I don’t think there is a default answer to which caching technique you should use for your custom web parts. However it is important to understand the differences between using the ASP .Net cache object, the Web Part cache memory and database stores and the Caching Application Block found in the Enterprise Library.
There is plenty of documentation on the asp .net cache object so I don’t want to go into too much detail. In summary:
- Allows you store objects in memory
- When the web application is recycled the entire cache is lost
- When items are added they can have an expiration policy based on time (a sliding window if needed) and/or dependencies on other objects e.g. if a file changes on disk, then the cache item becomes invalid
- Items are removed from cache when they expire or if memory pressures on the machine mean that items must be purged from the cache. ASP .Net will then remove items based on their priority, even if they haven’t expired.
- A web part is really just an ASP .Net server control and hence there is no reason why you cannot implement caching in the control like you would any other server control. Either caching objects used by the control or the html rendered by the control. There is nothing web part specific in this scenario. One advantage of using this model is that multiple instances of your control can share the same cache, for example on 200 web part pages you have the same web part with the same data irrespective of the user viewing it. Here you would like to cache the data only once, not 200 times or even more if you do it on a per user basis. Also, you are using the ASP .Net cache which is tried, tested and …and works!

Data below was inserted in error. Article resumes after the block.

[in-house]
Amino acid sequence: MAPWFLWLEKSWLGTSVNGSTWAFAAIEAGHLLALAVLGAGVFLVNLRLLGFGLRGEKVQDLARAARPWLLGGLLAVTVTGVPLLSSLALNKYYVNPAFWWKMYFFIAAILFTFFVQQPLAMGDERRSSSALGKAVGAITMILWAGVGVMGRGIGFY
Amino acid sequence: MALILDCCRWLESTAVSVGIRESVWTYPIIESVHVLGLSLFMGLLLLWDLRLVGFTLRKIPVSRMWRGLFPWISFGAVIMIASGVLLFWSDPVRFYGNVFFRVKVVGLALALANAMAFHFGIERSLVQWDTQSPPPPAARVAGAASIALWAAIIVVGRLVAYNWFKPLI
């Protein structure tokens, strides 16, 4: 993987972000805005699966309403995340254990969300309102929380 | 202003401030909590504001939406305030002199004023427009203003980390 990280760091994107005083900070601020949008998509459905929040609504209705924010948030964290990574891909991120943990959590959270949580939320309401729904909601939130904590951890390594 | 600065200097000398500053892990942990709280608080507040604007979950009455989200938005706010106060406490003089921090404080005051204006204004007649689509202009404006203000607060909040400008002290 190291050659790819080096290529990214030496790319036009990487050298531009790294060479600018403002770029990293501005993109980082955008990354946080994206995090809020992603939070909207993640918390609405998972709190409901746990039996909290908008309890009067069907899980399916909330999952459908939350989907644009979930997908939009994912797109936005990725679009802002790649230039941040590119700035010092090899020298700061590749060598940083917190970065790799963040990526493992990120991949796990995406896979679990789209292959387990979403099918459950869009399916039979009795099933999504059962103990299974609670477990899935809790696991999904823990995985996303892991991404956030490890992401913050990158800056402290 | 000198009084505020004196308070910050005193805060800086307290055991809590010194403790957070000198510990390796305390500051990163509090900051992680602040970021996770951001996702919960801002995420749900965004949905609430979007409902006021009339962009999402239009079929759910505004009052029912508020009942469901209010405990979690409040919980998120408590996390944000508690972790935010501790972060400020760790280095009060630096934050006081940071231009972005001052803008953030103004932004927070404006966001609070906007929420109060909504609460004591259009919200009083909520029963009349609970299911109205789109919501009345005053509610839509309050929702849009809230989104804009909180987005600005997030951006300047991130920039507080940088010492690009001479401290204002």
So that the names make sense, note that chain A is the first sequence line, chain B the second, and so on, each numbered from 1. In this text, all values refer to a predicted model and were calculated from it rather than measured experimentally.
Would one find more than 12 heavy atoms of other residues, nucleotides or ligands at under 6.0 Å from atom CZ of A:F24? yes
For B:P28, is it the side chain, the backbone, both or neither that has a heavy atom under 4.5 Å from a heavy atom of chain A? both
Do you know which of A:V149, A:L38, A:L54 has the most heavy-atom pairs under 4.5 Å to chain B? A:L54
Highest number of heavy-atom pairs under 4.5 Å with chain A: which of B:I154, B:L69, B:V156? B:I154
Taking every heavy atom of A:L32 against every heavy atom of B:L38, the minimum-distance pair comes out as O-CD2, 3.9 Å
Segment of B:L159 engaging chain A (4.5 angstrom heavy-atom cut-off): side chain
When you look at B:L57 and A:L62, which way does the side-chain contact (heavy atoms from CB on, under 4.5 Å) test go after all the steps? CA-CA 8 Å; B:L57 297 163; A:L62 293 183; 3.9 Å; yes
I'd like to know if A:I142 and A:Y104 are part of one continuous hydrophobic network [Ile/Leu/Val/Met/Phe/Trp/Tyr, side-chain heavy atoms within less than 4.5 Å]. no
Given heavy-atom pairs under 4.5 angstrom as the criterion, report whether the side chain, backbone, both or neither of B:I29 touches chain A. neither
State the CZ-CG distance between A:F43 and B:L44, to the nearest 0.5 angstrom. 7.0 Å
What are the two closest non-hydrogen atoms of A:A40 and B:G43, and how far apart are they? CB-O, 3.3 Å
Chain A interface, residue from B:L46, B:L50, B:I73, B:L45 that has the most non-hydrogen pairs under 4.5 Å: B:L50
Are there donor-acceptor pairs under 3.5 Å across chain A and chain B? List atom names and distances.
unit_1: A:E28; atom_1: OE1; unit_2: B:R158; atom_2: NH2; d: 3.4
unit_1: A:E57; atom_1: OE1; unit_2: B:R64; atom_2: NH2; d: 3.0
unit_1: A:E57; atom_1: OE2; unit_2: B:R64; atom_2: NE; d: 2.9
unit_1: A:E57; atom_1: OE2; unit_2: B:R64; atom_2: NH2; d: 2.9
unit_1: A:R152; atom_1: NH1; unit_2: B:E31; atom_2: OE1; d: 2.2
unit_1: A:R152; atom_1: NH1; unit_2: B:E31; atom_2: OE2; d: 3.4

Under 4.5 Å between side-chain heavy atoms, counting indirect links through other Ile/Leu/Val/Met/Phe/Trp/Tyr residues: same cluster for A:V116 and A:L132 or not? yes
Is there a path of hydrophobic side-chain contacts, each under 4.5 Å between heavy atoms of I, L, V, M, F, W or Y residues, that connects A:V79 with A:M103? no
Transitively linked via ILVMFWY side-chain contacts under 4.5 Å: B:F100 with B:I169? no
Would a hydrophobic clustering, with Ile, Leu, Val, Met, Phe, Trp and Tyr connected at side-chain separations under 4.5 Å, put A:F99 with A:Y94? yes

If you choose to use the built in caching functionality of the web part framework you have the option of storing the cache in memory or in SQL Server. This is designed to be configurable, i.e. changing an option in web.config will change the store for **ALL** web parts for that web application. In some way you could say that this is something that an administrator can change at any stage, however the reality is that this is not the case.
Web part cache – in memory:
- Actually this just uses the ASP .Net cache object.
- Items can be cached per user or per web part. In other words using this will not allow multiple instances of a web part to share the same cache, if you want this you must use ASP .net cache object directly or the caching app block. However, if you don’t want this type of uniqueness then this is great option.
- When items are added to the cache the web part framework adds extra text to the cache item key so that it will make the key unique for either the user, or the web part instance.
Web part cache – in SQL Server
- What happens here is that the object you choose to cache is serialised with the web part into the database, along with the rest of the web part properties. This is obviously not seen by the developer.
- You object that you cache must be serialize-able. Obviously! And must be marked as such otherwise the web part framework will not attempt to write it into the DB.